Does Sauerkraut Go Bad? How Long Do They Last?

logo by Editorial Staff | Updated on December 20th, 2022

Is it possible for sauerkraut to go bad? How can you determine whether Sauerkraut has gone bad in the first place and whether it is safe to eat? Here’s a quick primer.

Do you enjoy pickled cabbage and recently purchased a huge jar of sauerkraut? Do you want to know how to keep it so you can enjoy it for a long time?

man in black shirt sitting beside brown wooden table

Now for the good news.

Sauerkraut is made out of cabbage and brine. Brine is made out of three ingredients: sugar, salt, and vinegar. They aid in fermentation and extend the shelf life of sauerkraut.

If you create it at home and preserve it properly, it may last for over a year. To make it last longer, manufacturers add chemicals, fake tastes, and colors.

Is this to say that sauerkraut never goes bad? No, it does not.

Sauerkraut can rot if there is no pickle solution to keep it fresh.

What exactly is sauerkraut?

Sauerkraut is a pickled meal that is simply a pickled cabbage that gains its distinct flavor during the fermentation process. Sauerkraut is a delicious side dish that goes well with a variety of meals and is strong in important vitamins and nutritional fiber.

Furthermore, because sauerkraut is a fermented food, it contains bacteria that can help with digestion. Fermentation also assists digestion. So kraut is brine-fermented cabbage (shredded cabbage).

The brine required to produce fermented sauerkraut, like other fermented vegetables, is part of the fermentation process. Unpasteurized sauerkraut becomes edible as a result of the fermentation. Fermenting is a method of increasing good bacteria while decreasing harmful bacteria.

If produced correctly, homemade sauerkraut may be a delightful veggie. In mine, I like to use a red cabbage leaf. Beneficial microorganisms aid with digestion.

Is Sauerkraut Truly Beneficial to One’s Health?

Sauerkraut is a popular fermented food with several health advantages, including:

It Is Very Nutritious

One of the numerous advantages of sauerkraut is that it is high in nutrients. Sauerkraut has the following nutrients in 142 grams:

  • 1 gram protein
  • 4 gram fiber
  • Carbohydrates: 6 g
  • 0 gram of fat
  • 27 calories
  • Copper accounts for 15% of the DV.
  • Folate: 9% of the daily value
  • Manganese accounts about 9% of the DV.
  • Iron: 12% of the daily value
  • Vitamin K1: 15% of the daily value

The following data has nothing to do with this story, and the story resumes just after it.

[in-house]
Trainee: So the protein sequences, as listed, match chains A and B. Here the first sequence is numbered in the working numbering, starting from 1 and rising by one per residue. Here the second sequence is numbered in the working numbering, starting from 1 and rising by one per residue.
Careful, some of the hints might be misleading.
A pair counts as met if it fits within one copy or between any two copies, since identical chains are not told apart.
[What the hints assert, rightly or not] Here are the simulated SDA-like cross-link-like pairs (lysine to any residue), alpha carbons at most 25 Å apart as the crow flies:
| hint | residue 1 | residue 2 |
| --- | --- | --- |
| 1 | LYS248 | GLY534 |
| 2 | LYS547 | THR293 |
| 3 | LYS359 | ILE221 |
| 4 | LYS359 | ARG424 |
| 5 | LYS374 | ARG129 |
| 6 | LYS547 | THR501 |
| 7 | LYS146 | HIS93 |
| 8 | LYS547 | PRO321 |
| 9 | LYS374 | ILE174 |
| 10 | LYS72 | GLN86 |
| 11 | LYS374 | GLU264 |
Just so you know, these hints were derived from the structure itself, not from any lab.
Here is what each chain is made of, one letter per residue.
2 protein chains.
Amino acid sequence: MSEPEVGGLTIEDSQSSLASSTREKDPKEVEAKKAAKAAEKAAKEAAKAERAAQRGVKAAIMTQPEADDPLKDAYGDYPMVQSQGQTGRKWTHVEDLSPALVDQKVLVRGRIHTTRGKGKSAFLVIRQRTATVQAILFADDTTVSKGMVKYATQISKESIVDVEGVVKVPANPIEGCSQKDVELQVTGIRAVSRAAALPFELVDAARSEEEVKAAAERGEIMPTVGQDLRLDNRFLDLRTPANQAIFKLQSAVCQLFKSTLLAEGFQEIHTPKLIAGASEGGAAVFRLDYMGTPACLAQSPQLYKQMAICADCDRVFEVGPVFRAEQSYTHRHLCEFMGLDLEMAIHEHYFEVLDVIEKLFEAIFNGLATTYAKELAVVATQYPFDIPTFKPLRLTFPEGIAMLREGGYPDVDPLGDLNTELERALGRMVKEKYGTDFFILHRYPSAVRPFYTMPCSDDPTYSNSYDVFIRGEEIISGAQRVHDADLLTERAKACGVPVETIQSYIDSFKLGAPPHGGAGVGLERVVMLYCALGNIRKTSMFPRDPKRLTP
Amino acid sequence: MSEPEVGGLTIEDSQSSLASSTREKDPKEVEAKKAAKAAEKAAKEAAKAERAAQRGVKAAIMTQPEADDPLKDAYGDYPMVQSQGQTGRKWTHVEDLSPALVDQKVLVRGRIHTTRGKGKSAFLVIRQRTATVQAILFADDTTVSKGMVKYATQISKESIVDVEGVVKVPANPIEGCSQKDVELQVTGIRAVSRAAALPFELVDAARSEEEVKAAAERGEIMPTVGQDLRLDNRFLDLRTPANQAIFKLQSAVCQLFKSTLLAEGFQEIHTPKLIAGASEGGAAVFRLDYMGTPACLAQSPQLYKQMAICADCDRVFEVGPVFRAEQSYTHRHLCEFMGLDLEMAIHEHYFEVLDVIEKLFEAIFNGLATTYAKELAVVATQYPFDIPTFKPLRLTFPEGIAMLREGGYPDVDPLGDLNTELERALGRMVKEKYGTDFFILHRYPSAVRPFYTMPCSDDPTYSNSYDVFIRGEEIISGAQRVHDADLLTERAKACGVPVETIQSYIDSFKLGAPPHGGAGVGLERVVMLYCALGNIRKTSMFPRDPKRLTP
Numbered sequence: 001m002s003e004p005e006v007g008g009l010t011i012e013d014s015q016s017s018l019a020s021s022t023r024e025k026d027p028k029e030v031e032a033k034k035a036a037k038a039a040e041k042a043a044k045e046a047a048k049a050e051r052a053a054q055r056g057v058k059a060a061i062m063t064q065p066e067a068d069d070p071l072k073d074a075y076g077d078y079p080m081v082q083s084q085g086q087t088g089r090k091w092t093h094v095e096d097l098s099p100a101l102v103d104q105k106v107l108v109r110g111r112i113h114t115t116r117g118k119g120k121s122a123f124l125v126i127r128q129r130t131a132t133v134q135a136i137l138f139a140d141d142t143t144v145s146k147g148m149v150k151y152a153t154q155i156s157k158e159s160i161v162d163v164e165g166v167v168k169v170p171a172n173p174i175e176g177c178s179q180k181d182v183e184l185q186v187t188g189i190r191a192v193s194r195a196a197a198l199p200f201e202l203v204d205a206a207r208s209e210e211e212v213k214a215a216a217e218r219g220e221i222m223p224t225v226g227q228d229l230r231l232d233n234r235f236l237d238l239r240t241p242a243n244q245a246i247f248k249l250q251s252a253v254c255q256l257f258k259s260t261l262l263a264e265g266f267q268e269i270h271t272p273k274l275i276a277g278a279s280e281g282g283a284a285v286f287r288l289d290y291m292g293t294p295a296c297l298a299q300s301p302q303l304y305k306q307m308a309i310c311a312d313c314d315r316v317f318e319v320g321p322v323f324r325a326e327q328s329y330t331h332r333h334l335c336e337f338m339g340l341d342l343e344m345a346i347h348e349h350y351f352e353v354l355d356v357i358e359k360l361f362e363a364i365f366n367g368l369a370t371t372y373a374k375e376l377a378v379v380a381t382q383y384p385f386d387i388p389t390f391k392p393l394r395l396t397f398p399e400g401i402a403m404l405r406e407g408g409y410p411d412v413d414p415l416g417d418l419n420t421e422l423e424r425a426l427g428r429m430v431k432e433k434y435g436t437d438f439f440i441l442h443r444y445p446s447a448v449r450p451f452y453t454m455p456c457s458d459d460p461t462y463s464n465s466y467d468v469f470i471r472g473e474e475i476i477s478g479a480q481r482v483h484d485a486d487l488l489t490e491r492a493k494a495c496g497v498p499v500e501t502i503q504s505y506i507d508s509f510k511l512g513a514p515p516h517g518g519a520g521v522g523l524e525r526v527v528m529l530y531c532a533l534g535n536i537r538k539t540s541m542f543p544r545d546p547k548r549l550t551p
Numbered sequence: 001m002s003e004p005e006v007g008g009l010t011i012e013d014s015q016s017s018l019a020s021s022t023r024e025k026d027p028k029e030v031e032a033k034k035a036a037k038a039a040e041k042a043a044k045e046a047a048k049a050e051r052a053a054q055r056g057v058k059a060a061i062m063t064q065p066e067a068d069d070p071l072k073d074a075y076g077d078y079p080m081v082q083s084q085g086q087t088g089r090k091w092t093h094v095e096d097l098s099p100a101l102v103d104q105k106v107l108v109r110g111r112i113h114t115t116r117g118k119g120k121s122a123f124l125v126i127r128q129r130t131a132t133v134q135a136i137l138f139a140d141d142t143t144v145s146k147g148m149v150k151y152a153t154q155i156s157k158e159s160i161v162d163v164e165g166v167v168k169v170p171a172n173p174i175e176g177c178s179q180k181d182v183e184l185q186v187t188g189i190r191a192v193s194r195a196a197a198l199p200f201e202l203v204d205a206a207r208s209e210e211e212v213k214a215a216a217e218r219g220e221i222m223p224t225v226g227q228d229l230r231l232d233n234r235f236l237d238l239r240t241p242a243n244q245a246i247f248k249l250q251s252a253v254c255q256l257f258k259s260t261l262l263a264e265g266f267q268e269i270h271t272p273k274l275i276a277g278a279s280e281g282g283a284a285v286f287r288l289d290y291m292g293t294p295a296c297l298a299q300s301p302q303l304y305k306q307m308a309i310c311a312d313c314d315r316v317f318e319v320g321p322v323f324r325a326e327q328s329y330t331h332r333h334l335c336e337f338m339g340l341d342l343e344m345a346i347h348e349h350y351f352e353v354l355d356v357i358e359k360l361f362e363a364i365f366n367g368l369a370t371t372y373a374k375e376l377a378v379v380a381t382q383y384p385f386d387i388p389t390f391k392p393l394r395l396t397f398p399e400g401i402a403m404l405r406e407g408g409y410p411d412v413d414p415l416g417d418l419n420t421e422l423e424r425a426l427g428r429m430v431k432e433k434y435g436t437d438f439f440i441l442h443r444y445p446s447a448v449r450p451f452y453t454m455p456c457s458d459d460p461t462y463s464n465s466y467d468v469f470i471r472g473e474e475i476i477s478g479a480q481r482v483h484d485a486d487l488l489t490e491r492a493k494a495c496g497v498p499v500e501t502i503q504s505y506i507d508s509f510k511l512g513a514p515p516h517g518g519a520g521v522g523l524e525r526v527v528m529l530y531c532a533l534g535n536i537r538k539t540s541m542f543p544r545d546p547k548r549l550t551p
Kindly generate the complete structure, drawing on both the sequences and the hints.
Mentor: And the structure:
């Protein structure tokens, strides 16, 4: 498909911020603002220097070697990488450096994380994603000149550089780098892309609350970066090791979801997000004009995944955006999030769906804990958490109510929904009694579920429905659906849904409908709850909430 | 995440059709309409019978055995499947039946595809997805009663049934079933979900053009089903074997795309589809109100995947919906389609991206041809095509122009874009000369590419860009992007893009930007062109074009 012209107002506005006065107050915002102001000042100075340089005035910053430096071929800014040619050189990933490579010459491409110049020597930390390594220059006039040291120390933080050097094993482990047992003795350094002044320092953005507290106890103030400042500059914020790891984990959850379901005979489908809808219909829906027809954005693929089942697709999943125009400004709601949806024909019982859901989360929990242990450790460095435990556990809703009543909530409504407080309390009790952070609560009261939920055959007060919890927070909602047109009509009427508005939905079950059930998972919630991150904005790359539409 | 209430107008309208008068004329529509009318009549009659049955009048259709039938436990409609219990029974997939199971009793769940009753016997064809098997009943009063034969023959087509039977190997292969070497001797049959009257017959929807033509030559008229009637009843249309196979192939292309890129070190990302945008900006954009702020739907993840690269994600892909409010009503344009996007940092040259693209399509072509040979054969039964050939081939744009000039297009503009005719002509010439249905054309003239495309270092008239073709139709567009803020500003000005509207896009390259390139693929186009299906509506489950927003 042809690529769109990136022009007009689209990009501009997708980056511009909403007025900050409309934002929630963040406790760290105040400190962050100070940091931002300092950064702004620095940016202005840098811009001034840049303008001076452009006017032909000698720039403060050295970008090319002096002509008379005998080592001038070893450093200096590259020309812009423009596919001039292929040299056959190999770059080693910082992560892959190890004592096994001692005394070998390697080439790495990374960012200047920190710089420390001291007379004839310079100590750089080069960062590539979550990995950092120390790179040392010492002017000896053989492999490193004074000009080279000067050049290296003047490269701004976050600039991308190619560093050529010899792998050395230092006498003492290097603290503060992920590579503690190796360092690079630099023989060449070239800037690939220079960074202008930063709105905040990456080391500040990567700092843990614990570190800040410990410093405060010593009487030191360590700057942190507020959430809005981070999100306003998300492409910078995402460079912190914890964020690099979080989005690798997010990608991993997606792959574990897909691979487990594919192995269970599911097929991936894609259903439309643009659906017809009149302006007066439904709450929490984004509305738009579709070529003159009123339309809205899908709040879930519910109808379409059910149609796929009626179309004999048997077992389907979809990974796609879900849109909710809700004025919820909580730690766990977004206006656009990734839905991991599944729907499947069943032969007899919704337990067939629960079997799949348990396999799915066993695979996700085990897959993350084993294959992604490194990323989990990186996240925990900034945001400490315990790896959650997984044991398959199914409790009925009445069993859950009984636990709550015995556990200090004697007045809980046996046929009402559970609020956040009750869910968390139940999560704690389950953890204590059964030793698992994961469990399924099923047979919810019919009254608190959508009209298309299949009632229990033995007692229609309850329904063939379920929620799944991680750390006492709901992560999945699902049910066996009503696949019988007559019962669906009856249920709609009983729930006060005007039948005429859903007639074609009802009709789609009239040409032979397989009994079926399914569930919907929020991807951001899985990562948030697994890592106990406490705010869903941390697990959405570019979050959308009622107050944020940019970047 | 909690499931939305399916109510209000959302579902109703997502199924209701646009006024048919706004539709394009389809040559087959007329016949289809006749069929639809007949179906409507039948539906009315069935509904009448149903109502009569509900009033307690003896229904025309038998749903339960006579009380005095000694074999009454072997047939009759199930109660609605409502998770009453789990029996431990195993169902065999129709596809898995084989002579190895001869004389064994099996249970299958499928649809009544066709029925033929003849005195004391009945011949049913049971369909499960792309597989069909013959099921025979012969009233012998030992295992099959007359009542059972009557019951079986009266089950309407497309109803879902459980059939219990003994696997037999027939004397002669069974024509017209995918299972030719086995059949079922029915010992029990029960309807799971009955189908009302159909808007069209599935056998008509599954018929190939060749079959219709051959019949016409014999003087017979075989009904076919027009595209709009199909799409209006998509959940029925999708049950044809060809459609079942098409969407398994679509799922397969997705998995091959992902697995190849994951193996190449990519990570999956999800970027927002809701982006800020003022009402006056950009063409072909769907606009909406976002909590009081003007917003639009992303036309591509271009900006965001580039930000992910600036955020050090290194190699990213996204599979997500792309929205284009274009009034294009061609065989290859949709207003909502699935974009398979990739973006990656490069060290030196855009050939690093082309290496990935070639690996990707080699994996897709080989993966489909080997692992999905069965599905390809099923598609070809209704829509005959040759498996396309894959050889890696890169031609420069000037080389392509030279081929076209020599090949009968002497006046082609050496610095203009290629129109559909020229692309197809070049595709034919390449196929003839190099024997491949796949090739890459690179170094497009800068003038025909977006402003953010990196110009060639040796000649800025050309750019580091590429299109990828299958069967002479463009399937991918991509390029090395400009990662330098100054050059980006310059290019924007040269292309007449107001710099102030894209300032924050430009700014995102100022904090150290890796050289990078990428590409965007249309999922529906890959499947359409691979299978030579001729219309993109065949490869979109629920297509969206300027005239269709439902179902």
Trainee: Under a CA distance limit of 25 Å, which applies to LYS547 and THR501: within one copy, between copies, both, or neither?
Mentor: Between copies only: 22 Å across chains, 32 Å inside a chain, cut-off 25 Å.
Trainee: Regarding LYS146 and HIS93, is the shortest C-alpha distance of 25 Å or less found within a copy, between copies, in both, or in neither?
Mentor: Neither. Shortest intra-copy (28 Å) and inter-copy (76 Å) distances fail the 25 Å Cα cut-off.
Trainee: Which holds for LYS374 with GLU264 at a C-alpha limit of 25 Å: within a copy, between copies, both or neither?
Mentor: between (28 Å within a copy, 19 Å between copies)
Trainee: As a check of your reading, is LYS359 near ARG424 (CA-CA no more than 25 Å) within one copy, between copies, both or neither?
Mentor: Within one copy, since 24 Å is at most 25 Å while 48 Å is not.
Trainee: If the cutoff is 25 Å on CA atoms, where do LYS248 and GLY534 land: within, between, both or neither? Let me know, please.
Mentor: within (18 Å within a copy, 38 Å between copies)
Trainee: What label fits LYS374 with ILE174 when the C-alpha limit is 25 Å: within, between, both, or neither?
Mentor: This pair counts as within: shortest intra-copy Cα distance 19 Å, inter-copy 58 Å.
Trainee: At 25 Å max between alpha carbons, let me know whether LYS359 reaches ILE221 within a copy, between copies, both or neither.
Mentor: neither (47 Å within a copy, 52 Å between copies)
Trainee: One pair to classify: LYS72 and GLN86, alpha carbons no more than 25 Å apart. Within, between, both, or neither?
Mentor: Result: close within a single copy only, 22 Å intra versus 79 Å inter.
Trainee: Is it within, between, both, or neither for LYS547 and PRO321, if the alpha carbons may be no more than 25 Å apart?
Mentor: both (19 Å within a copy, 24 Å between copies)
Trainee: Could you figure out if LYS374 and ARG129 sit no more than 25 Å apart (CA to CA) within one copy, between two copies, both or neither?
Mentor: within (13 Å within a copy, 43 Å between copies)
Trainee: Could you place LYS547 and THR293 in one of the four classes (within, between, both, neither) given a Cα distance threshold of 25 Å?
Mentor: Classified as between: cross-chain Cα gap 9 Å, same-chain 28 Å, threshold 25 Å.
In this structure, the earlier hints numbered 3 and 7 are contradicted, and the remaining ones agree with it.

• Vitamin C: 23% of the daily value
  • Sodium: 41% of the daily value

It is extremely healthful since the meal is fermented properly. The microbe on the cabbage tends to digest the natural sugars and convert them into organic acids during the process. Furthermore, the fermentation process creates an environment that supports beneficial bacterial development (probiotics), which are present in products such as yogurt.

Improves Your Immune System

Sauerkraut is high in minerals and probiotics, which can help enhance the immune system. The microorganisms in your stomach might have an effect on your immune system. Sauerkraut includes probiotics, which assist to balance the microorganisms in the stomach. This contributes to the health of your gut lining. It aids in preventing undesirable components from entering the body and triggering an immunological response.

Enhances Digestion

It is estimated that the stomach contains more than 100 trillion microbes. This is more than ten times the total number of cells in the body. Probiotics are good bacteria that function as a powerful barrier against dangerous bacteria in unpasteurized sauerkraut.

They can also help with digestion and overall health. Such probiotics in sauerkraut can aid in restoring the bacterial equilibrium in the gut after it has been disrupted by antibiotic usage. It has the potential to prevent or minimize antibiotic-induced diarrhea.

Aids in Stress Reduction and Brain Health

Although your mood influences what you eat, the opposite is also true. The food you consume has a big influence on your mood and cognitive function. The bacteria in your stomach may have the power to convey messages to your brain, influencing how your brain operates and perceives the environment.

Could Aid in Weight Loss

Consuming sauerkraut may help you lose weight or maintain a healthy weight. Sauerkraut is high in fiber and low in calories, which is one of the reasons. The high fiber content keeps you feeling fuller for a longer period of time. It may assist you in lowering your total calorie consumption. As a result, probiotic content may aid in weight loss.

Sauerkraut (unpasteurized vs. pasteurized) vs.

On the market, there are two types of sauerkraut: unpasteurized and pasteurized.

The fundamental difference between the two is that the first is raw and alive, with a plethora of probiotics, whereas the second is cooked, with the majority of the probiotics dead.

And, because the first one is alive and fermenting, it must be refrigerated so that it does not ferment too much and become too sour.

The fermentation process in pasteurized sauerkraut has been halted by applying heat, and as a result, there are no active bacteria. That is, as long as the can or jar is unopened, no refrigeration is required.

That’s why you’ll find some sauerkraut in the fridge and the rest on the shelf.

(Some goods fall somewhere in the middle.) They aren’t totally pasteurized, but they don’t need to be refrigerated. Fortunately, the majority of kraut on the market is either one or the other.)